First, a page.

12 Rd. Broad Channel, NY – Construction, Mitigation and Resilience
A two-story wood-framed house, with additions, 12 Rd. was severely damaged first by Tropical Storm Irene, then before repairs could be made, Hurricane Sandy.
When Hurricane Sandy made landfall in New York City in October 2012, it was as a Category One storm. The powerful hurricane caused numerous fatalities and injuries, destroyed hundreds of buildings, and did an incredible amount of damage to the city and its boroughs. Estimated financial losses attributed to Sandy are in the $60 billion range, and climbing.
At 12 Rd. the foundation cracked and misaligned; piers were tossed; the first floor flooded; mechanical systems flooded by salt water; windows, doors dislodged; roof and siding breached; extensive water damage and mold resulting.
After Hurricane Sandy, the flood hazard maps for the area were revised by the Federal Emergency Management Agency’s (FEMA) National Flood Insurance Program (NFIP) With the revision of the maps, the lowest floor of the house sat two feet below the Base Flood Elevation (BFE), which is determined to be the calculated height to which potential floodwaters could rise. NFIP regulations required the structure must be brought into compliance with local floodplain management ordinances. This meant that because of the new mapping, the Owner decided to raise the floor of the house approximately 6 feet. This will allow them to get the lowest floor one foot above the required elevation level, giving them some extra room in the case of future flooding, and use the lowest level for parking and storage.
12 Rd. Hopes to meet the FEMA/Coastal Construction Manual/Best Practices requirements; e.g. new foundation footings, size, depth, configuration and connections to the structure, following the load path, exceeding the required connection size and length.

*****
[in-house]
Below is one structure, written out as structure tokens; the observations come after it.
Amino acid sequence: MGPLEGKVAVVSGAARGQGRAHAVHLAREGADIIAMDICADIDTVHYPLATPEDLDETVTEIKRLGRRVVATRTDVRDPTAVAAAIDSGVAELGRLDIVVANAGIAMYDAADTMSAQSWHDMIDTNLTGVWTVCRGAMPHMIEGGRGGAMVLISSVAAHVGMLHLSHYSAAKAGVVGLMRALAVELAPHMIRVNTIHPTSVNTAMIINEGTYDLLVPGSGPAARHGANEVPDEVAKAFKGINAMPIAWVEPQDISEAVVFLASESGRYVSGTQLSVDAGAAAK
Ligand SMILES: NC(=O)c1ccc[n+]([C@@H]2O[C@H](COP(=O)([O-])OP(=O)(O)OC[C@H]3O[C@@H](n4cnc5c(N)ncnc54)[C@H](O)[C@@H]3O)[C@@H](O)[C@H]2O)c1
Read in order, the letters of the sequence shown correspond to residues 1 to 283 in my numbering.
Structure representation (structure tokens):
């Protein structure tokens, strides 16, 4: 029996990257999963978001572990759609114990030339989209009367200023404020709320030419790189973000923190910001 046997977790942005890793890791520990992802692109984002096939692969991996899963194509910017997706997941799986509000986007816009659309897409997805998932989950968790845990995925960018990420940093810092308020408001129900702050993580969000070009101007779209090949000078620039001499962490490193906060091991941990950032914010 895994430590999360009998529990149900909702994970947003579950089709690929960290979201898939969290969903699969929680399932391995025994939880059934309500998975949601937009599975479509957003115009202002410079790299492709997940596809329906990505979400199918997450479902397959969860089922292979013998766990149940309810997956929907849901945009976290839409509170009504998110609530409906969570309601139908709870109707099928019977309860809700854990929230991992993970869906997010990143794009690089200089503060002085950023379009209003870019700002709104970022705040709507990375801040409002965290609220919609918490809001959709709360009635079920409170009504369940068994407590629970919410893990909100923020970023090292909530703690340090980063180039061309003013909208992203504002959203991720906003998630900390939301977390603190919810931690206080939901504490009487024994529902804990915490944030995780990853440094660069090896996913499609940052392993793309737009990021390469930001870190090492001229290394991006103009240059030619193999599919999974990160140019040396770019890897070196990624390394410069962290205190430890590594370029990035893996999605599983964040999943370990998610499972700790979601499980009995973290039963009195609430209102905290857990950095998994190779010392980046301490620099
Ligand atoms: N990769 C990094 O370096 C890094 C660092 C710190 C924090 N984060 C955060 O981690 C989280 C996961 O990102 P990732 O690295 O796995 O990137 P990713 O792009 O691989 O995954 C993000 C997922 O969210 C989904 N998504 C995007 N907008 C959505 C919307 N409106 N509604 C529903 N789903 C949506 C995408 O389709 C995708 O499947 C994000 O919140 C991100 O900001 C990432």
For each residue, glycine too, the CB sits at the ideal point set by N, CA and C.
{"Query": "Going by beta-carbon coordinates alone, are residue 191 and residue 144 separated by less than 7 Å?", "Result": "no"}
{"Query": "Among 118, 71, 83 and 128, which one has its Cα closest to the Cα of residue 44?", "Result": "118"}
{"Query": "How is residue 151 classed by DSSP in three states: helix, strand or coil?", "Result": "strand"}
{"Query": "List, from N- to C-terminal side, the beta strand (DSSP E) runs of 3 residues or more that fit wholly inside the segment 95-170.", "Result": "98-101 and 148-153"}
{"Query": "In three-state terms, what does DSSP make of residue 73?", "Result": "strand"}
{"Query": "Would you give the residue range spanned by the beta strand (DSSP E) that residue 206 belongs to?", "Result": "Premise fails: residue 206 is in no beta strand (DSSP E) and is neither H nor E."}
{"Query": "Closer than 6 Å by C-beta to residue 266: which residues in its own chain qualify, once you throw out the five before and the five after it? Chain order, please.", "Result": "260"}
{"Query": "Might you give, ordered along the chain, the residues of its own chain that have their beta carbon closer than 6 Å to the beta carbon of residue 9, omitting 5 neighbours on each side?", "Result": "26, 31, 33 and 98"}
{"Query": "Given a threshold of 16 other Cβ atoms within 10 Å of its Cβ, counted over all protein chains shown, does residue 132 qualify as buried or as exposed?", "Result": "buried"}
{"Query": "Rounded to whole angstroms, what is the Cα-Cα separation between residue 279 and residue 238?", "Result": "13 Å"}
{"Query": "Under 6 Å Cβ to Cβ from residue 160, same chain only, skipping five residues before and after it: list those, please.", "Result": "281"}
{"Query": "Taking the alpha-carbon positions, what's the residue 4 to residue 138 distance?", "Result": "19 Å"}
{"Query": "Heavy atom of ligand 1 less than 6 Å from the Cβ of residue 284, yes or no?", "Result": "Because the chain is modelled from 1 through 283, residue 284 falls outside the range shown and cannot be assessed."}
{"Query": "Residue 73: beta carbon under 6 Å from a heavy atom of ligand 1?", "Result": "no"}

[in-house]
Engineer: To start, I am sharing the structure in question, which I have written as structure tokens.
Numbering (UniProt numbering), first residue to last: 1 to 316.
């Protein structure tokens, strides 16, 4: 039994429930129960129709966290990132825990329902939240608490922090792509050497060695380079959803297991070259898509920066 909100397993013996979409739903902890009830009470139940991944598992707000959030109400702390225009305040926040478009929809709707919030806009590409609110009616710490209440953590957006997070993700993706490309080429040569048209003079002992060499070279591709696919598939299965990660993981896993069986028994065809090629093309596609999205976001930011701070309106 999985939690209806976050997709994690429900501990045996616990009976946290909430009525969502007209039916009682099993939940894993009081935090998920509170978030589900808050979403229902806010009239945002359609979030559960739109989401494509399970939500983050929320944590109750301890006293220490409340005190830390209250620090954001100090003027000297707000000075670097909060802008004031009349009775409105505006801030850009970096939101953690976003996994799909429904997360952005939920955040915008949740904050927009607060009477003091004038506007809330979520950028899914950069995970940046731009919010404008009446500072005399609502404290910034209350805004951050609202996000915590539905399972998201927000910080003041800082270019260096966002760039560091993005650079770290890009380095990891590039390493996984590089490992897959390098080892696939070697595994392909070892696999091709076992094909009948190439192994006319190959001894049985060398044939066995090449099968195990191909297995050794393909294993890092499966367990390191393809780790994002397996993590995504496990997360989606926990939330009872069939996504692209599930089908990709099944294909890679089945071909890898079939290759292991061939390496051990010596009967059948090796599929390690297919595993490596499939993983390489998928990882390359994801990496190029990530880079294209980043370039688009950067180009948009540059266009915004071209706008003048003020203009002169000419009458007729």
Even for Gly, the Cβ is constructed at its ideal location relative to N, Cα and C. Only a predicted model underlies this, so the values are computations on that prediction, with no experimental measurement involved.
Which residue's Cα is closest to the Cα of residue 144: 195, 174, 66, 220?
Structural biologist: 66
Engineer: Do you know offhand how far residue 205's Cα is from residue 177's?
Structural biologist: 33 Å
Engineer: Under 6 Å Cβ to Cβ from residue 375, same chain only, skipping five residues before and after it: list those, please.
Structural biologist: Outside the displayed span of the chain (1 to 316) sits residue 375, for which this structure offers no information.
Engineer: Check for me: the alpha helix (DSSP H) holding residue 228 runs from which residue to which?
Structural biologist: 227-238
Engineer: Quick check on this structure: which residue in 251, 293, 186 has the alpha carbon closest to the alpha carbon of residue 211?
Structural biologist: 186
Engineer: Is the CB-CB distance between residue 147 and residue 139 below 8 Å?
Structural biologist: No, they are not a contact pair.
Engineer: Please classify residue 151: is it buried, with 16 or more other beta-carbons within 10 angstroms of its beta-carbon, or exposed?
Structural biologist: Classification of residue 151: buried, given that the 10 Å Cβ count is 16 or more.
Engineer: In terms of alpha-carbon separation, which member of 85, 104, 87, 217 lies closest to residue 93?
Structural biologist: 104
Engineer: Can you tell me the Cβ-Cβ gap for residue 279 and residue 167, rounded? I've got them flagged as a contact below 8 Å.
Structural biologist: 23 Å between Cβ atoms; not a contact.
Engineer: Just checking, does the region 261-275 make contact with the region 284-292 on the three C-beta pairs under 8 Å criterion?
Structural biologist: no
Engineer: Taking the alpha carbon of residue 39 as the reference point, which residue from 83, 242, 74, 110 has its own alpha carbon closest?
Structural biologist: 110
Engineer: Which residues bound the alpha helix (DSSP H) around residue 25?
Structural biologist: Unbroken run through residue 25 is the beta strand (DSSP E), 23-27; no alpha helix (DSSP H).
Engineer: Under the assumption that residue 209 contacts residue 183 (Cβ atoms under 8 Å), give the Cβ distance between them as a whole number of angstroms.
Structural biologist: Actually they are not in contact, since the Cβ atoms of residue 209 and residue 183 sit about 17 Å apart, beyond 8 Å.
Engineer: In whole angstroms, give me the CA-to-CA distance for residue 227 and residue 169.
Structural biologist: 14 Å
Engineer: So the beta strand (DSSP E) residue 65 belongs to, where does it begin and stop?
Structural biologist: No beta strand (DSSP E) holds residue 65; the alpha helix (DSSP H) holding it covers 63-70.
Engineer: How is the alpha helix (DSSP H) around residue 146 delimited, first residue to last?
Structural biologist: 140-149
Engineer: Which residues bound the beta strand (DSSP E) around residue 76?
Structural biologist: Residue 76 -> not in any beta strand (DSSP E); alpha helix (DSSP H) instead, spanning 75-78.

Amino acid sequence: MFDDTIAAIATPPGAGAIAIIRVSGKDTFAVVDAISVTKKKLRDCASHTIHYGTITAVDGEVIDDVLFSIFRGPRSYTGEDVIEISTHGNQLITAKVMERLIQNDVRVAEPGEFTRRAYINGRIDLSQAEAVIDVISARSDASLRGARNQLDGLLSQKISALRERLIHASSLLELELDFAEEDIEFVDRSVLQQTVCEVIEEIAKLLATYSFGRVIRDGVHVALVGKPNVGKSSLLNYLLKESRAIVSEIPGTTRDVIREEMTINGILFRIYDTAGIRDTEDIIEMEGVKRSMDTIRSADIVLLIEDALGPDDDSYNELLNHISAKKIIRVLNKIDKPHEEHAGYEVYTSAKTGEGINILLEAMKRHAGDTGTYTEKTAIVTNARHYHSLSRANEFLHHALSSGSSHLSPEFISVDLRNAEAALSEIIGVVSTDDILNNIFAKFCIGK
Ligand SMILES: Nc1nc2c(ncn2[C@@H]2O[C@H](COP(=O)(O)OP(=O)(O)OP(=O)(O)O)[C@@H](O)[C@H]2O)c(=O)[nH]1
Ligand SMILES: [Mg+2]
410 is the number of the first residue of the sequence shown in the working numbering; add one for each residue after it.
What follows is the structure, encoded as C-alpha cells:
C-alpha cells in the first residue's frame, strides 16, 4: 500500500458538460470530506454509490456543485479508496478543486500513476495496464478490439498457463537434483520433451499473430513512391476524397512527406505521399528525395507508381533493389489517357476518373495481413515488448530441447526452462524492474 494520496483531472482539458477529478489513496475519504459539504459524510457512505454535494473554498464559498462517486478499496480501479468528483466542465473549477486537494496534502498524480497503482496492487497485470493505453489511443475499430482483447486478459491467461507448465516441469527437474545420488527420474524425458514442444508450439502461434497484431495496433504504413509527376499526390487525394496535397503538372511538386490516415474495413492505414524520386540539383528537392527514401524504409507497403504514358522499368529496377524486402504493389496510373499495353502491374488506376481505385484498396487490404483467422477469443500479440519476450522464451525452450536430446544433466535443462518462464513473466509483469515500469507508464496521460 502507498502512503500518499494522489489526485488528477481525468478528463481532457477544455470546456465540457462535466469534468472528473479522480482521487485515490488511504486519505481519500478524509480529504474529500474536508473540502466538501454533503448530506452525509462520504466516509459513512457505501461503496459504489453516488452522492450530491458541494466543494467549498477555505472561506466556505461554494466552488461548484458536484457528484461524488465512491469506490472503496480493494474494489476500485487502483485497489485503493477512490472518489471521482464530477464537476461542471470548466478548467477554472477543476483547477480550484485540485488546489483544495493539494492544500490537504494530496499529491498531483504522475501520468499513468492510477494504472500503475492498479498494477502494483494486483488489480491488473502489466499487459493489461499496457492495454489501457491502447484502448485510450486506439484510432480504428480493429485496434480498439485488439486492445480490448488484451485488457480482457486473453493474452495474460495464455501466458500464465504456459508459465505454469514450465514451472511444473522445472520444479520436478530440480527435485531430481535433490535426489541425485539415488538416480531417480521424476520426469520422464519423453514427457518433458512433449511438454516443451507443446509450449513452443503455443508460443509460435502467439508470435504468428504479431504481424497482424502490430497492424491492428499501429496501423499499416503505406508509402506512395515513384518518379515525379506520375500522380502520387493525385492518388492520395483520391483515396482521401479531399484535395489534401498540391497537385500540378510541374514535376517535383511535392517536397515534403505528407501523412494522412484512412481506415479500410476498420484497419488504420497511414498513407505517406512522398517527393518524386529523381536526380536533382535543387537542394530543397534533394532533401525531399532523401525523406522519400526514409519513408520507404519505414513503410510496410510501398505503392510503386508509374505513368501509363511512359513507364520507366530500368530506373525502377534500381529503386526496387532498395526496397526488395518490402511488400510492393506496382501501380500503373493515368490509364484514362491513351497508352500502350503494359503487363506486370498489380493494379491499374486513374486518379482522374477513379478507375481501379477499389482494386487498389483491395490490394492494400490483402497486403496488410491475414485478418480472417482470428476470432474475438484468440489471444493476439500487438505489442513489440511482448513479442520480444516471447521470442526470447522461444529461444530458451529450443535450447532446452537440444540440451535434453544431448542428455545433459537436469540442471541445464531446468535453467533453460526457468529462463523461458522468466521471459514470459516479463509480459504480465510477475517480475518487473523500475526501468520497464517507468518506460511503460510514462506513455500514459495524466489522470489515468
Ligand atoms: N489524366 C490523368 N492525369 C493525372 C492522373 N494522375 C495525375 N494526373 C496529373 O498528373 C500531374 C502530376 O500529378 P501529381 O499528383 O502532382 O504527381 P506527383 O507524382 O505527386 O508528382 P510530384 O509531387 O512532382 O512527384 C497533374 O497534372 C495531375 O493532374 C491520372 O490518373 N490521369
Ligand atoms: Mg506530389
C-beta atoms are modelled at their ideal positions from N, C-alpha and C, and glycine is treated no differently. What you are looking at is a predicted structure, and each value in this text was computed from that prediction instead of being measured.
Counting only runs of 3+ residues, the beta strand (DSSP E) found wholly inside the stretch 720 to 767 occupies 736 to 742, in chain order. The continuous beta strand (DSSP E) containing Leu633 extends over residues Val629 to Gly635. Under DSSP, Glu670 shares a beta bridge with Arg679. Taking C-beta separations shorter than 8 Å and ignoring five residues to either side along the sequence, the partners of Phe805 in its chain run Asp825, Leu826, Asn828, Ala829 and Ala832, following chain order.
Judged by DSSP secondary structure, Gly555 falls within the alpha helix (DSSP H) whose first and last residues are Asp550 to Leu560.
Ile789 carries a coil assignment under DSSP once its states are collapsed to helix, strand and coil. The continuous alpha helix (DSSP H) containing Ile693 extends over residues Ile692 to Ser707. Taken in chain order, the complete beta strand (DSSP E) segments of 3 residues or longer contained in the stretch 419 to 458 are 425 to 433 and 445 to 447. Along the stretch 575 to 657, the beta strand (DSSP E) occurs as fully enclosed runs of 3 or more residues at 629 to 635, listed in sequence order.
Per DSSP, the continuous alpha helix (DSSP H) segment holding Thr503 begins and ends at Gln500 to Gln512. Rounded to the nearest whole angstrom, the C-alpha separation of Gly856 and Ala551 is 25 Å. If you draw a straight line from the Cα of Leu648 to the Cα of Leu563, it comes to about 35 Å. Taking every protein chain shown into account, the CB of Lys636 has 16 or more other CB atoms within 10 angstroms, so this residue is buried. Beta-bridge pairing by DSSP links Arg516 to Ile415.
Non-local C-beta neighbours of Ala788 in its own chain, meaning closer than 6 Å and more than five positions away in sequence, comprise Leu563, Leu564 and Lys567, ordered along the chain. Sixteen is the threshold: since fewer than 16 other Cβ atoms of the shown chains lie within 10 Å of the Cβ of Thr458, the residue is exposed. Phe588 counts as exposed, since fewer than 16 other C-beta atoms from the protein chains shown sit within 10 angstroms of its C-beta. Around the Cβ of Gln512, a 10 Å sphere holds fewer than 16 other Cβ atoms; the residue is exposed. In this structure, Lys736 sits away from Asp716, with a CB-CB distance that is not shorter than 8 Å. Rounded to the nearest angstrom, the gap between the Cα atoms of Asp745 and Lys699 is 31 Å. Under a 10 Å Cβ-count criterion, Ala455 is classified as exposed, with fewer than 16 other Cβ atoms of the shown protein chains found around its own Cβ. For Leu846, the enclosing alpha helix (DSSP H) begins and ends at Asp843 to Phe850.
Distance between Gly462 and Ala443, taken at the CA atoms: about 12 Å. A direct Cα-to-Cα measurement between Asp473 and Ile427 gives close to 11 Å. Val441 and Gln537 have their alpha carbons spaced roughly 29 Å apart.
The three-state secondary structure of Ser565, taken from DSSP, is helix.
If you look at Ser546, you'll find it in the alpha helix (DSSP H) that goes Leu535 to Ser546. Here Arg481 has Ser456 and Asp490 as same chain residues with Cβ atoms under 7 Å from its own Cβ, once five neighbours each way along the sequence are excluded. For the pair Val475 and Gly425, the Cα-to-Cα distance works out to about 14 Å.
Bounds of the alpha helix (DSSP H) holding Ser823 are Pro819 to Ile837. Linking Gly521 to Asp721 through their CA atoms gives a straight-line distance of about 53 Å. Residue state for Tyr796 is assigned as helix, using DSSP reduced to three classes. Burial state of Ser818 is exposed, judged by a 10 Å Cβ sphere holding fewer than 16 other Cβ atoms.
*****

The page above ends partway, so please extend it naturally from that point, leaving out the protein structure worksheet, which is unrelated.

12 Rd. will be re-designed to human scale, one story, using only what is needed, remaining open and airy. High ceilings, warm materials, clean lines, abundant light and breezes will make the home feel even more spacious than its modest 640 sf.
12 Rd. is located approximately 100 feet from Jamaica Bay; subject to extreme winds, moisture, salt, winter and summer conditions.
Responsible management of jobsite waste reduction is an essential aspect of sustainable building. Waste reduction saves money. There are a variety of ways a Contractor can divert construction waste or demolition debris at the jobsite. Prior to demolition, salvage as much useable material and components as the schedule will allow. 12 Rd. will be consistent with the New York City Solid Waste Management Plan.
12 Rd. will feature water-efficient technologies and appliances, such as low-flow shower heads and dual-flush toilets. From the ground up, 12 Rd.’s landscape design will demonstrate an eco-friendly aesthetic with systems that sustain and replenish the environment: porous paving and rain gardens. Rain barrels harvest rainwater to irrigate plants, so use less drinking-quality water. Native plants have extensive root systems, secure the loose, sandy soil, are adapted to the climate, attract beneficial insects, and slow storm water run-off.
12 Rd. has a simple, rectangular shape (heat-retaining) to minimize the ratio of surface area to volume, (A cube would be even better. A sphere has the lowest ratio.) with openings on either end sized to promote ventilation from the prevailing ocean breeze. High-performance windows look to the South, the view to the ocean, protected by shutters against storms. Flanked by buildings either side, 12 Rd. will be buffeted from the high winds.
All the holes and seams in the building envelope (the outer perimeter of the living space) will be carefully sealed; thermally tight to protect against the ocean moisture.
Thermal bridge-free construction
The walls in 12 Rd. will be designed to eliminate thermal bridging with the strategic placement of insulation.
12 Rd. will feature Energy Star appliances and extremely efficient LED lighting.
12 Rd. will be built by using non-toxic materials: no- or low-volatile organic compounds (VOCs) paints; Other materials in the home are chosen with this in mind. Hard-surface floors – Carpeting can be a trap for dirt, dust, allergens, mites, and mold; 12 Rd. will have recycled hardwood floors that are easier to keep clean, along with carpet tiles and rugs that can be washed.
With its thick, well-insulated walls, and high-performance windows, 12 Rd. should be a quiet refuge.